This fall entrée consisted of apple-stuffed pork loin, tender and succulent, served over something that was so creamy and delicious that I thought it was mashed potatoes until halfway through cleaning my plate when I idly wondered where the garlicky Hickory Cane grits on the menu fit onto the plate.  The Hickory Cane seed corn came from a seed saver named Terry Daniel of Raleigh County. We had guessed there might be grits and paw paw ice cream based on some of the photos posted to the Lost Creek Farm Instagram. You can certainly see why it's called a type of "dent corn."  These were the best grits I have ever had (sorry NC, GA and FL). 
The rhubarb and candied onion sauce added another really nice tart-sweet dimension to the flavor, mirroring the apple stuffing. Apparently, a soubise is a thick, white sauce consisting of pureed onions, and ours was further enriched by foraged Shagbark hickory nuts.

This amazing plate was completed by these lovely soft, but still green beans called leather britches. They are basically green beans dried by stringing them up, and then boiled with country ham and onions until they have rehydrated, absorbing the flavors. 

This reminded me of the way wrinkled, Szechuan dry-fried green beans plump back up when tossed in a hot wok with the slightly sweet, slightly sour and slightly salty sauce. These green beans are so popular with my husband's midwestern family that it has become a staple to be brought to each of our huge, rotating Thanksgiving celebrations.

Course VI

When I looked at the menu, I had thought we were wrong with our prediction of paw paw ice cream. Great was our delight when they brought out our final surprise: paw paw ice cream. Paw paws are the largest indigenous tree fruits in the United States, with a flavor reminiscent of tropical fruits and berries. Yet, they have never been commercialized as they are rarely ripe and do not last long once harvested. The ice cream was perfect for settling in among the cracks of our really, really full stomachs. 
After a service of coffee or tea (I opted for lavendar-chamomile tea), we came to the end of a truly fabulous experience. Somehow, rather than being even more full, the ice cream and tea refreshed my ability to fully enjoy dessert.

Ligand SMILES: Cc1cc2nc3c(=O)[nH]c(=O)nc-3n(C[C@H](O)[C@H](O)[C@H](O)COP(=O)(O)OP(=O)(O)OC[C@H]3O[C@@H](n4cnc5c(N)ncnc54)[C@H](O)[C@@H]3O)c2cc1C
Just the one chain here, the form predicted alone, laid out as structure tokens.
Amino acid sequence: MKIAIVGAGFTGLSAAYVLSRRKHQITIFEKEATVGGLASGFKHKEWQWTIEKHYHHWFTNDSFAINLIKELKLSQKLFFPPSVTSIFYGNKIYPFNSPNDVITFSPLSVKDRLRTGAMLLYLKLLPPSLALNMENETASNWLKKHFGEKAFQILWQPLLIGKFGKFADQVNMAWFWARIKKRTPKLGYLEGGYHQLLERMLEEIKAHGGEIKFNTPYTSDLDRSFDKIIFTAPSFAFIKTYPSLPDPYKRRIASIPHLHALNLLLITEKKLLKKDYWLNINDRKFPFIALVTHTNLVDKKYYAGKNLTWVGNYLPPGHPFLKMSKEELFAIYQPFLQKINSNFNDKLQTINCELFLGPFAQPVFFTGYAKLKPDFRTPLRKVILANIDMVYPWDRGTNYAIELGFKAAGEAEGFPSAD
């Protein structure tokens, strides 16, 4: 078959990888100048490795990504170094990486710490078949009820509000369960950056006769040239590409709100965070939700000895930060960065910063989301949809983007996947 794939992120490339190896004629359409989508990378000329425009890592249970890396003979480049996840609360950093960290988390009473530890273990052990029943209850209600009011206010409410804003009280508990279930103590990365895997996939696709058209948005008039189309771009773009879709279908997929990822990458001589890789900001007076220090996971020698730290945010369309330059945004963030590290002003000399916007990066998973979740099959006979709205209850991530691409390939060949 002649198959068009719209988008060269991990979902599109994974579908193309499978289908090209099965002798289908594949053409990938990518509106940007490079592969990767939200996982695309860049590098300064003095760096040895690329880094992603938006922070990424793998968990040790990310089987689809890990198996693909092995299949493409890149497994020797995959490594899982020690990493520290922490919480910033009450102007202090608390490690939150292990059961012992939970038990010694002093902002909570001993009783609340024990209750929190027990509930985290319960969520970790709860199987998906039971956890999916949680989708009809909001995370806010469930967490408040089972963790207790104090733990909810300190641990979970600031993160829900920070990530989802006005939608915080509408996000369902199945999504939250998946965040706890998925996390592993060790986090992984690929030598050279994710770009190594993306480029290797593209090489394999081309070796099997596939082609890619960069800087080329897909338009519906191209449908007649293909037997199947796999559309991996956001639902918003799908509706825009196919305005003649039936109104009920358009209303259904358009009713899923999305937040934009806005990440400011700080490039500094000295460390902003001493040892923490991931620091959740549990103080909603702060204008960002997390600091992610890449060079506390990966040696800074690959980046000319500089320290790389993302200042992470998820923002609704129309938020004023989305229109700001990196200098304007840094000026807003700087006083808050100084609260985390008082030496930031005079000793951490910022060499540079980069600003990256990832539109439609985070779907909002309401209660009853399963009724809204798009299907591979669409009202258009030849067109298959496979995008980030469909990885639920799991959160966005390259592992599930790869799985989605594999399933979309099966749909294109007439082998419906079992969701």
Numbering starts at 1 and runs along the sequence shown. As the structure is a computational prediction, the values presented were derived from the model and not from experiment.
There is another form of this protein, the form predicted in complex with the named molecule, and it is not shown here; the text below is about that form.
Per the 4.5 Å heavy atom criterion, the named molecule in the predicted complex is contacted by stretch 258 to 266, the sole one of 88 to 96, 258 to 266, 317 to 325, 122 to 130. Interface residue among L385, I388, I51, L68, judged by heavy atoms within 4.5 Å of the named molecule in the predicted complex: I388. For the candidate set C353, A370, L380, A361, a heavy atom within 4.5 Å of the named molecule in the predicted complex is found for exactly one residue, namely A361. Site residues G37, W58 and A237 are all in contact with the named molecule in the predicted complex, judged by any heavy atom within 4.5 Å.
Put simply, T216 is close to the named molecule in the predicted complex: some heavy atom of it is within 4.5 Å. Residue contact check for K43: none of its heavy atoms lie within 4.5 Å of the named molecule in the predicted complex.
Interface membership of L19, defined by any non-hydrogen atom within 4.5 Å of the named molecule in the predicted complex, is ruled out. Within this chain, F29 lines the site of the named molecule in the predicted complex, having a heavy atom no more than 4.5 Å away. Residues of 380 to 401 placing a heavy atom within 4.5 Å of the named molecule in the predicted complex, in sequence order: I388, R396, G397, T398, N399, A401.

Amy's buckwheat-nutmeg cake : sorghum panna cotta : heirloom squash : toasted seeds

I am not as much of a dessert person as my husband, finding many desserts to be too sweet, and preferring to let the last tastes of a great entrée linger a bit longer. Yet, I would be hard pressed to decide which of the last three courses I liked the best.

Continuing with the hyperfresh theme, the buckwheat festival had occurred just the week before. Accordingly, we enjoyed Amy's magical buckwheat-nutmeg buttermilk cake, "iced" with a purée of heirloom Cushaw squash. 
Beside the cake, there was a disc of quivering sorghum panna cotta. Everything was topped with a crunchy Tuscan seed mix flavored with maple syrup and sumac. A sprinkle of Jacobson salt put this dessert over the top. Did I mishear or misremember a briny-earthy reference to furikake seasoning? I was too busy eating to type notes, but the lady at the next table said it was "Jacob Valley Salt from the Jonathan Jacobsen Salt Company."


After this wonderful tour de force, nearly a dozen truly innovative and delicious interpretations of West Virginia heritage foods, Mike and Amy graciously came around to chat with each group of diners. We learned so much about the diversity of traditions in this mountain state, in addition to enjoying a lot of delicious and healthy food.